How to improve your investment knowledge

02 Sep 2020

How to improve your investment knowledge

The vast majority of investors want to improve their knowledge. In fact, according to research from Schroders, 97% of investors want to boost their personal finance know-how.

While a third wanted enough knowledge to comfortably make their own decisions, almost half wanted enough to be able to probe the advice they’re given. A further 17% said they wanted enough knowledge so they can confidently ask questions of a financial adviser.

Unsurprisingly, the volatility within global markets has focused the minds of investors. Half (49%) said they thought about their investments at least weekly, up from 35% before the crisis. With investment values falling in the short term and concerns about what the future holds, improving knowledge can help you feel more comfortable with market movements and planning for the future.

So, what can you do to boost your investment insight? Here are five steps you could take.

1. Read and listen to podcasts

Reading and listening to podcasts can be a great way to improve your basic knowledge and create a foundation to build on.

Online there’s a huge range of resources you can access. However, you should always make sure the information has come from a trusted source that can be verified, there’s a lot of misinformation and scams out there too.

Our blog includes a range of financial news and views that can help you get started. If you prefer to listen while you’re on the go, the Meaningful Money podcast covers a range of topics and is aimed at those wanting to improve their knowledge. Season two of the podcast is titled Investing 101 and covers a range of investing fundamentals, from why you should invest to understanding risk profiles.

2. Keep up to date with the markets

Make a habit of reading the financial section when you browse the news. Keeping an eye on the markets, how they move and what’s influencing them can boost your understanding of your own investments. Even just a glance each day can slowly build up your knowledge.

One important thing to remember here is that you should focus on long-term trends. Market updates will typically focus on what’s just happened, but you’ll need to put this into context with wider market movements.

3. Seek information on risk and volatility

Understanding risk and volatility when investing is important. Novice investors sometimes view these as the same thing, but they’re not.

Risk relates to the likelihood that the value of your investments will decrease. Higher risk products will typically offer an opportunity for higher rewards to compensate for this. But, while the potential returns can seem attractive, high-risk investments aren’t right for most investors. The level of risk appropriate will depend on your risk profile, which should consider many factors, from the investment time frame through to your attitude.

Volatility, on the other hand, describes an investment’s short-term fluctuations. These market movements can be easier to focus on, as you’ll see how they directly impact the value of investments. However, once again, it’s important to focus on the long-term trend and remember that short-term losses are only on paper until you sell assets.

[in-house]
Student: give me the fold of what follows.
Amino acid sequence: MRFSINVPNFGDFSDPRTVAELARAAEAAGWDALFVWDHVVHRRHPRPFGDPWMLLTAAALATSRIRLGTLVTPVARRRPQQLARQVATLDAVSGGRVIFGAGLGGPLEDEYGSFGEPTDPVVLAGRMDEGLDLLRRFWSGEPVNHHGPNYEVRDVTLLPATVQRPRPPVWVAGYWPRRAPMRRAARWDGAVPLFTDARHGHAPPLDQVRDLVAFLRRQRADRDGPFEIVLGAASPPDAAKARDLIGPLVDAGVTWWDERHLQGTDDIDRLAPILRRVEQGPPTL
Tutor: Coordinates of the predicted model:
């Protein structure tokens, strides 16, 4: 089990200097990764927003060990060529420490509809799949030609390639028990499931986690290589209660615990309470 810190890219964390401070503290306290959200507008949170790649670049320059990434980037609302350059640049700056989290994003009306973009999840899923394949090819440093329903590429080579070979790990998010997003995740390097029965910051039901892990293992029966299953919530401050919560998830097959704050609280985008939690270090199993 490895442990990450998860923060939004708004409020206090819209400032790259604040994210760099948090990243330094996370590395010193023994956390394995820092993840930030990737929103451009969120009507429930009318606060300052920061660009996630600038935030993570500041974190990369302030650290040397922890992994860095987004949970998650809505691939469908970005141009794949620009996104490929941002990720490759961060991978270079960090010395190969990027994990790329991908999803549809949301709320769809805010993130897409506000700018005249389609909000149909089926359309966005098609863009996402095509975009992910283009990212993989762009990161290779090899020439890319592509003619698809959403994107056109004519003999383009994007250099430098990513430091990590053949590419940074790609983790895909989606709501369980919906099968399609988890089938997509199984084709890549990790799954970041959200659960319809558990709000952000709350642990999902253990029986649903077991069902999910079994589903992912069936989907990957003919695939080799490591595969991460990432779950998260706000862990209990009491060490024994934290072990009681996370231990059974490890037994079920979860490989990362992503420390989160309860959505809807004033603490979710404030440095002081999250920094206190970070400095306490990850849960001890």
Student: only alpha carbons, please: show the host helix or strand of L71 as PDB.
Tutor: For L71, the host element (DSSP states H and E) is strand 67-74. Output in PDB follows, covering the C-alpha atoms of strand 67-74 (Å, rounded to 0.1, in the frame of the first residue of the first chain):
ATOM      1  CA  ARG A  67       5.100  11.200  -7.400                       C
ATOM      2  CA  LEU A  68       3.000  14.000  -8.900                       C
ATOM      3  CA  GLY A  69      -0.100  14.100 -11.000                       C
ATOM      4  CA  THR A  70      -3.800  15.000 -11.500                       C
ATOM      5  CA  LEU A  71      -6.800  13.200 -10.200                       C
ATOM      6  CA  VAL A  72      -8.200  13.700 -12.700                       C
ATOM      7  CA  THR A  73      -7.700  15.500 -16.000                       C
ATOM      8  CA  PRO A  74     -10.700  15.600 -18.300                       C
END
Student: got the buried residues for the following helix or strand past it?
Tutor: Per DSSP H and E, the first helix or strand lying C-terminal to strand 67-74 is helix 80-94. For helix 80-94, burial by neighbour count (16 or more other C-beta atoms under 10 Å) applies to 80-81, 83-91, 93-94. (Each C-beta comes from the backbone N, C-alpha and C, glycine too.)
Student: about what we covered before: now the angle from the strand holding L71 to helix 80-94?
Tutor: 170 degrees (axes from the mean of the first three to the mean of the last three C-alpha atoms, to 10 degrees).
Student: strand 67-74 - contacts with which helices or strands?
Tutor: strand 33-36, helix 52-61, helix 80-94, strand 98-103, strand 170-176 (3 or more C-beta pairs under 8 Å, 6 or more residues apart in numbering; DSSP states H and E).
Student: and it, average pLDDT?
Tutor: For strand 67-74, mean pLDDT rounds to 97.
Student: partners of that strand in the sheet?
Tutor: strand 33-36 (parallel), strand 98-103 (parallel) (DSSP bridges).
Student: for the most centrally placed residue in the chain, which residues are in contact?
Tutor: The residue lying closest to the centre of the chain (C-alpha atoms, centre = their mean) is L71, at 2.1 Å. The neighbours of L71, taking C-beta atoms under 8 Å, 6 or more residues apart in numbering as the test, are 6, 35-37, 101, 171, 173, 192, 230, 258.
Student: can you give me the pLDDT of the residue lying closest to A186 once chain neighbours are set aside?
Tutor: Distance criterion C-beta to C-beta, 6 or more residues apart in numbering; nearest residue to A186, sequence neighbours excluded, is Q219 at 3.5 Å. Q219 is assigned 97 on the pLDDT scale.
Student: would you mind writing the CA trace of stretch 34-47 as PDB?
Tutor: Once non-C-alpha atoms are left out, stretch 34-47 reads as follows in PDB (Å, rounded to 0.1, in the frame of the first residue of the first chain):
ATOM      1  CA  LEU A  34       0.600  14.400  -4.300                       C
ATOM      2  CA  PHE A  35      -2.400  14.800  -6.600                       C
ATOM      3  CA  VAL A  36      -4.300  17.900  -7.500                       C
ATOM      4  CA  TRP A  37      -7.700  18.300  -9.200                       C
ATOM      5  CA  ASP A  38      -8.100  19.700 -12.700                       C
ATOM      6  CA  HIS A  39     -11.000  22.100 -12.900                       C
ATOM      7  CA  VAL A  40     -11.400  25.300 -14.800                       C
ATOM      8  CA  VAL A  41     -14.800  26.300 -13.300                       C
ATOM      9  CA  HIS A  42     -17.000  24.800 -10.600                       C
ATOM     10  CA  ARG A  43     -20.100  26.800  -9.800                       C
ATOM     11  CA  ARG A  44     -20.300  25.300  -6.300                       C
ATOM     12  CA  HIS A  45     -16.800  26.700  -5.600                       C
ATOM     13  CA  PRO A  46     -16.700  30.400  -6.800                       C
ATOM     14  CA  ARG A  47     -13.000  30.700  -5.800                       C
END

All investments come with some risk and will experience volatility.

4. Don’t be afraid to ask questions

The world of investing can seem complex when you first start investing and it’s filled with jargon. If you’re unsure about something, ask. It’s a way to help build up your knowledge and fill in the gaps. Keep in mind where you’re seeking answers from, is it a reputable and trustworthy source?

One thing to be cautious of here is that the world of investment is full of opinion. If you ask, ‘where should I place my money?’ or ‘is now the right time to invest?’ to two people, you can end up with wildly different responses. Remember, your financial plan and long-term goals will play a role.

5. Speak to a financial adviser

Finally, working with a financial adviser can help you better understand your investments. While a third of respondents in the Schroders survey wanted to gain significant investment knowledge so they didn’t necessarily need to seek professional advice, it can still add value.

A financial adviser is on hand to answer your questions, from how your risk profile was calculated to what long-term investment gains mean for your lifestyle. As someone who is regulated and qualified, you know it’s information you can rely on. Even as your investment knowledge improves, a professional can provide another perspective and ensure your portfolio reflects changes, for example, when new legislation is brought in.

If you’d like to talk about your investments and how they fit into your financial plan, please get in touch. We’re happy to answer your questions and help improve your investment knowledge.

Please note: This blog is for general information only and does not constitute advice. The information is aimed at retail clients only.

The value of your investment can go down as well as up and you may not get back the full amount you invested. Past performance is not a reliable indicator of future performance.



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